Friday Fellow: Peacock Spikemoss

by Piter Kehoma Boll

This is the last Friday Fellow of the year and I decided to choose a beautiful and little known plant, the peacock spikemoss, more commonly known as Willdenow’s spikemoss or peacock fern, and scientifically known as Selaginella willdenowii.

The most impressive feature of this species is the blue iridescence of its leaves, which can be quite intense depending on the light reflecting on them. This blue color is caused by a very thin layer of cells in the upper cuticle of the leaves that produces a thin-film interference, a phenomemon such as the one that makes a soap bubble look colorful.


Look how blue it can get! Amazing, huh? Photo by Bernard Dupont.*

The peacock spikemoss is native from Southeast Asia, more precisely from the region around Singapore, and is adapted to areas of extreme shade. The blue iridescence is therefore an adaptation to reflect the strong sunlight that may reach the plant through openings in the canopy.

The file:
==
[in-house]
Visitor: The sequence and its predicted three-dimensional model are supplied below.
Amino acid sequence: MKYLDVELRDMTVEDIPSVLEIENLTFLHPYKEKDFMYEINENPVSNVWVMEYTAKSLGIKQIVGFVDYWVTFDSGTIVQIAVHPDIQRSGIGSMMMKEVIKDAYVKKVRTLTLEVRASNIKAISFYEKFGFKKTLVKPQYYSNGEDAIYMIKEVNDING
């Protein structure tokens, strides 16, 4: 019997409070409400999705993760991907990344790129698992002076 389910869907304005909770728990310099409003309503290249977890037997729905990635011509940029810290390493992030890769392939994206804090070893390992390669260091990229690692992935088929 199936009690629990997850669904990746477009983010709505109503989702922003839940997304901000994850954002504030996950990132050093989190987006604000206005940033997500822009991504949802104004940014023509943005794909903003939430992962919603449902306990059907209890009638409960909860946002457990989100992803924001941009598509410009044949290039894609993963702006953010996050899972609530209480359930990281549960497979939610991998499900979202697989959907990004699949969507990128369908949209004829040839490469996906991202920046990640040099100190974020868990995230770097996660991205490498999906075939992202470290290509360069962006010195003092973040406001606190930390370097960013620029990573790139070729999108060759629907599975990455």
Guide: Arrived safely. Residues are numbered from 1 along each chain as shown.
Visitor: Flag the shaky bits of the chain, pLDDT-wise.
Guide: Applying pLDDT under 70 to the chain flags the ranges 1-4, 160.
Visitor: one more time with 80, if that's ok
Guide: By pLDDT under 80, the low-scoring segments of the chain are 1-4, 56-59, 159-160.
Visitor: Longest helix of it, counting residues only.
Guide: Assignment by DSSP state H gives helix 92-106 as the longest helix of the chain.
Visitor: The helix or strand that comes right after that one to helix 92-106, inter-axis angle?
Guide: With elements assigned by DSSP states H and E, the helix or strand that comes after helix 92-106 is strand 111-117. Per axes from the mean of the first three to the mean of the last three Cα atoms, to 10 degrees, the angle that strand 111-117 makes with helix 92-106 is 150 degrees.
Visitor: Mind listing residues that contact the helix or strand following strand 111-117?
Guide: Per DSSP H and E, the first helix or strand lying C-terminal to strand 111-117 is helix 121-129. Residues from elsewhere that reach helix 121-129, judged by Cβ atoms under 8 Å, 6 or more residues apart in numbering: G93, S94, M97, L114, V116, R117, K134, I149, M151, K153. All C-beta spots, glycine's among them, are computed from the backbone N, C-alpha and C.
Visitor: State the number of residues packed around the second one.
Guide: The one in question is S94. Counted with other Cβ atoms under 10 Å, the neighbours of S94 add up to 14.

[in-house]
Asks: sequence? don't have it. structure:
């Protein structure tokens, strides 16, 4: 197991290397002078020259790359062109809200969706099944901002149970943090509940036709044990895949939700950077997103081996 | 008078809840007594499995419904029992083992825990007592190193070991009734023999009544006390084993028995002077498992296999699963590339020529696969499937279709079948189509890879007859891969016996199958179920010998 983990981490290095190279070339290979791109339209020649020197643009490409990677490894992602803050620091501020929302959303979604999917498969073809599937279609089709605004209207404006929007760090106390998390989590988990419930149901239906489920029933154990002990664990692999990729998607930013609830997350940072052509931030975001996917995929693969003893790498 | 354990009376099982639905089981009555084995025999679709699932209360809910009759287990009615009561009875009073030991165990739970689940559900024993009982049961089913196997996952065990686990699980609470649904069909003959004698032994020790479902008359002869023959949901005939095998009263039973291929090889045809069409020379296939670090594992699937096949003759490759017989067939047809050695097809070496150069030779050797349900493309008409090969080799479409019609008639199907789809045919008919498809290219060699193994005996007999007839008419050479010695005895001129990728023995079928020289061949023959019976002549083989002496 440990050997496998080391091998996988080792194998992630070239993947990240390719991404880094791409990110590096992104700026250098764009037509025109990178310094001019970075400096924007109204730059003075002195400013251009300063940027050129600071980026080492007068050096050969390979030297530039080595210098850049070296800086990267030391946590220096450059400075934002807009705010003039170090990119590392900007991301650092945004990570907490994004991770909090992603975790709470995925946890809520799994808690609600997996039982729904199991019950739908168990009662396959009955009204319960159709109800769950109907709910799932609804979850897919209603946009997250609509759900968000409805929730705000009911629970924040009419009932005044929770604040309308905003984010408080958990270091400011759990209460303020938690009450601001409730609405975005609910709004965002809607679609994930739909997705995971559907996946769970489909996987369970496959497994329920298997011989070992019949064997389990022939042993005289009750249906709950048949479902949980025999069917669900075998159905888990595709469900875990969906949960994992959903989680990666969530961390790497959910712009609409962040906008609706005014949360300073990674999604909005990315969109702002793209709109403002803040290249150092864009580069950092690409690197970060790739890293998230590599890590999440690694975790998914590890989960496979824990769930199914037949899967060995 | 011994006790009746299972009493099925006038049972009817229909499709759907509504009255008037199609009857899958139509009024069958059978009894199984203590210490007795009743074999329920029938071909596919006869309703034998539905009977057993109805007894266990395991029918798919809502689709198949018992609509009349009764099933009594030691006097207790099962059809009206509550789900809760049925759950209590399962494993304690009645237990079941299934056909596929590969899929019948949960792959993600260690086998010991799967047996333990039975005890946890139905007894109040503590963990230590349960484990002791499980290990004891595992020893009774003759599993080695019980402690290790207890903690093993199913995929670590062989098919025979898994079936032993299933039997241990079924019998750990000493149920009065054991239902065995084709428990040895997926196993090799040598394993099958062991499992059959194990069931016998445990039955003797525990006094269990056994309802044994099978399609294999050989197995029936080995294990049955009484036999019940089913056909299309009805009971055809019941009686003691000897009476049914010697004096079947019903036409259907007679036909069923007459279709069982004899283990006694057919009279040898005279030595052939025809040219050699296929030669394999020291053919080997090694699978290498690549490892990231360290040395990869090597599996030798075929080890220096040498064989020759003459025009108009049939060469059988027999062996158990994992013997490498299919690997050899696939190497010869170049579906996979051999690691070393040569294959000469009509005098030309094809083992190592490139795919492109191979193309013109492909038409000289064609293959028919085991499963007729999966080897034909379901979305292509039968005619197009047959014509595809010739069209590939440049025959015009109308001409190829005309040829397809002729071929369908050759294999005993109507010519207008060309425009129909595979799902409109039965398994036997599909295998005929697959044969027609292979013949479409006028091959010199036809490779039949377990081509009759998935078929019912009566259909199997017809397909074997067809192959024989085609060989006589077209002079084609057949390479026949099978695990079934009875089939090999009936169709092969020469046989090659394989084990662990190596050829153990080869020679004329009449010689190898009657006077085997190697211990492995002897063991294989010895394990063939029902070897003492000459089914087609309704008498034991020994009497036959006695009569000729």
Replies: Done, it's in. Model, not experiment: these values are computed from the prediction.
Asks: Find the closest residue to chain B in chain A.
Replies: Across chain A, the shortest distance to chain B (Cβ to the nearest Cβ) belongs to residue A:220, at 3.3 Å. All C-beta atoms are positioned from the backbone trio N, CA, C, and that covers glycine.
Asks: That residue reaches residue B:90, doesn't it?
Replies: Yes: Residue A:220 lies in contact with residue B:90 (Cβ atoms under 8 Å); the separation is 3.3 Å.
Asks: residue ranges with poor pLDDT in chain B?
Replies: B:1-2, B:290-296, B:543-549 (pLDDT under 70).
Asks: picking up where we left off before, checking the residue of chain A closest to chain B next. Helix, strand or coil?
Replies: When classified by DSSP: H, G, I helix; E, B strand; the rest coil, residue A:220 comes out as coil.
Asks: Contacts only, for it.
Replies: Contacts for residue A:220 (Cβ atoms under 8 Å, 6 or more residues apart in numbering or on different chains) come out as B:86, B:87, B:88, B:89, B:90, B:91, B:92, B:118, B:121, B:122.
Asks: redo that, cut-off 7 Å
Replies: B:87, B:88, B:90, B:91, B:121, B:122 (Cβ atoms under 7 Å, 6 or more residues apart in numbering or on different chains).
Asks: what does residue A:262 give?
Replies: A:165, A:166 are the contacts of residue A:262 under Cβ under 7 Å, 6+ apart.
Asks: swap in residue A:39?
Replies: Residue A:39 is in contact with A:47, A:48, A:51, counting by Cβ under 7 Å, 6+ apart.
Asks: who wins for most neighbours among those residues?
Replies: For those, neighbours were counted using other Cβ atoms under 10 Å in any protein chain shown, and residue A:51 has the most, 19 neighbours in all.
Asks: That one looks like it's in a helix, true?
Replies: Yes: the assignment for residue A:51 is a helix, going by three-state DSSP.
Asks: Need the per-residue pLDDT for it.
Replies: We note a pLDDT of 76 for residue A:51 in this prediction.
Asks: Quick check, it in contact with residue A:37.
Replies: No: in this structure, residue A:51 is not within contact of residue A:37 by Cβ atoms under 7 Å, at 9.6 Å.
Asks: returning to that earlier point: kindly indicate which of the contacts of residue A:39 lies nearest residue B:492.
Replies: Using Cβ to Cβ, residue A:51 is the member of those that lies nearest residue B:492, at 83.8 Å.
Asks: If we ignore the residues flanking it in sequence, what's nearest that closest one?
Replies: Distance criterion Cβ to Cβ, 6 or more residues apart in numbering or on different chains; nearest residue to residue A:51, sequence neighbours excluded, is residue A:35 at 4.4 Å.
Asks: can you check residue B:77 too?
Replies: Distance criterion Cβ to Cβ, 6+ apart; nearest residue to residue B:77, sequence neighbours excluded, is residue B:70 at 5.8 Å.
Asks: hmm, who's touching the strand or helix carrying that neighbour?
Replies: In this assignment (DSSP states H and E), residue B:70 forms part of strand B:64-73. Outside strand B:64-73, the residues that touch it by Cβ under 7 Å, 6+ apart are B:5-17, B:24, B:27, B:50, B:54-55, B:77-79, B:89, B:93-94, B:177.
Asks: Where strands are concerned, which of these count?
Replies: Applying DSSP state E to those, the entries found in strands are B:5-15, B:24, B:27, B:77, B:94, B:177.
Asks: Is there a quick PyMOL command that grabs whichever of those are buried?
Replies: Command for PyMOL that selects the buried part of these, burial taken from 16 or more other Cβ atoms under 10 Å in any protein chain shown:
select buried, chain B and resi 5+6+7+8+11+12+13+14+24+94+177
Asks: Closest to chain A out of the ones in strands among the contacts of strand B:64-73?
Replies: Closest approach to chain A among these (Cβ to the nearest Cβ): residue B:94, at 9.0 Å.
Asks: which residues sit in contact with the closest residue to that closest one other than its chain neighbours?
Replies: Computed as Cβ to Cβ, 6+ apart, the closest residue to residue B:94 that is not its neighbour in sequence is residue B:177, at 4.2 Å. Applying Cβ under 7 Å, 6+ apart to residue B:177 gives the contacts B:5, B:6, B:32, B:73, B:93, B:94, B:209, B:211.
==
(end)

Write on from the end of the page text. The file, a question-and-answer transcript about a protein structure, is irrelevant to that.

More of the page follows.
Some Asian cultures use the peacock spikemoss in traditional medicine and studies have shown that the plant has important antioxidant properties. So why not to try an iridescent blue tea?

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Chai, Tsun-Thai, & Wong, Fai-Chu (2012). Antioxidant properties of aqueous extracts of Selaginella willdenowii Journal of Medicinal Plants Research, 6 (7) DOI: 10.5897/JMPR11.1378

EOL – Encyclopedia of Life. Willdenow’s Spikemoss. Available at: <;. Access on December 28, 2016.

Wikipedia. Selaginella willdenowii. Available at: <;. Access on December 28. 2016.

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*Creative Commons License
This work is licensed under a Creative Commons Attribution 2.0 Generic License.


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Filed under Botany, Friday Fellow

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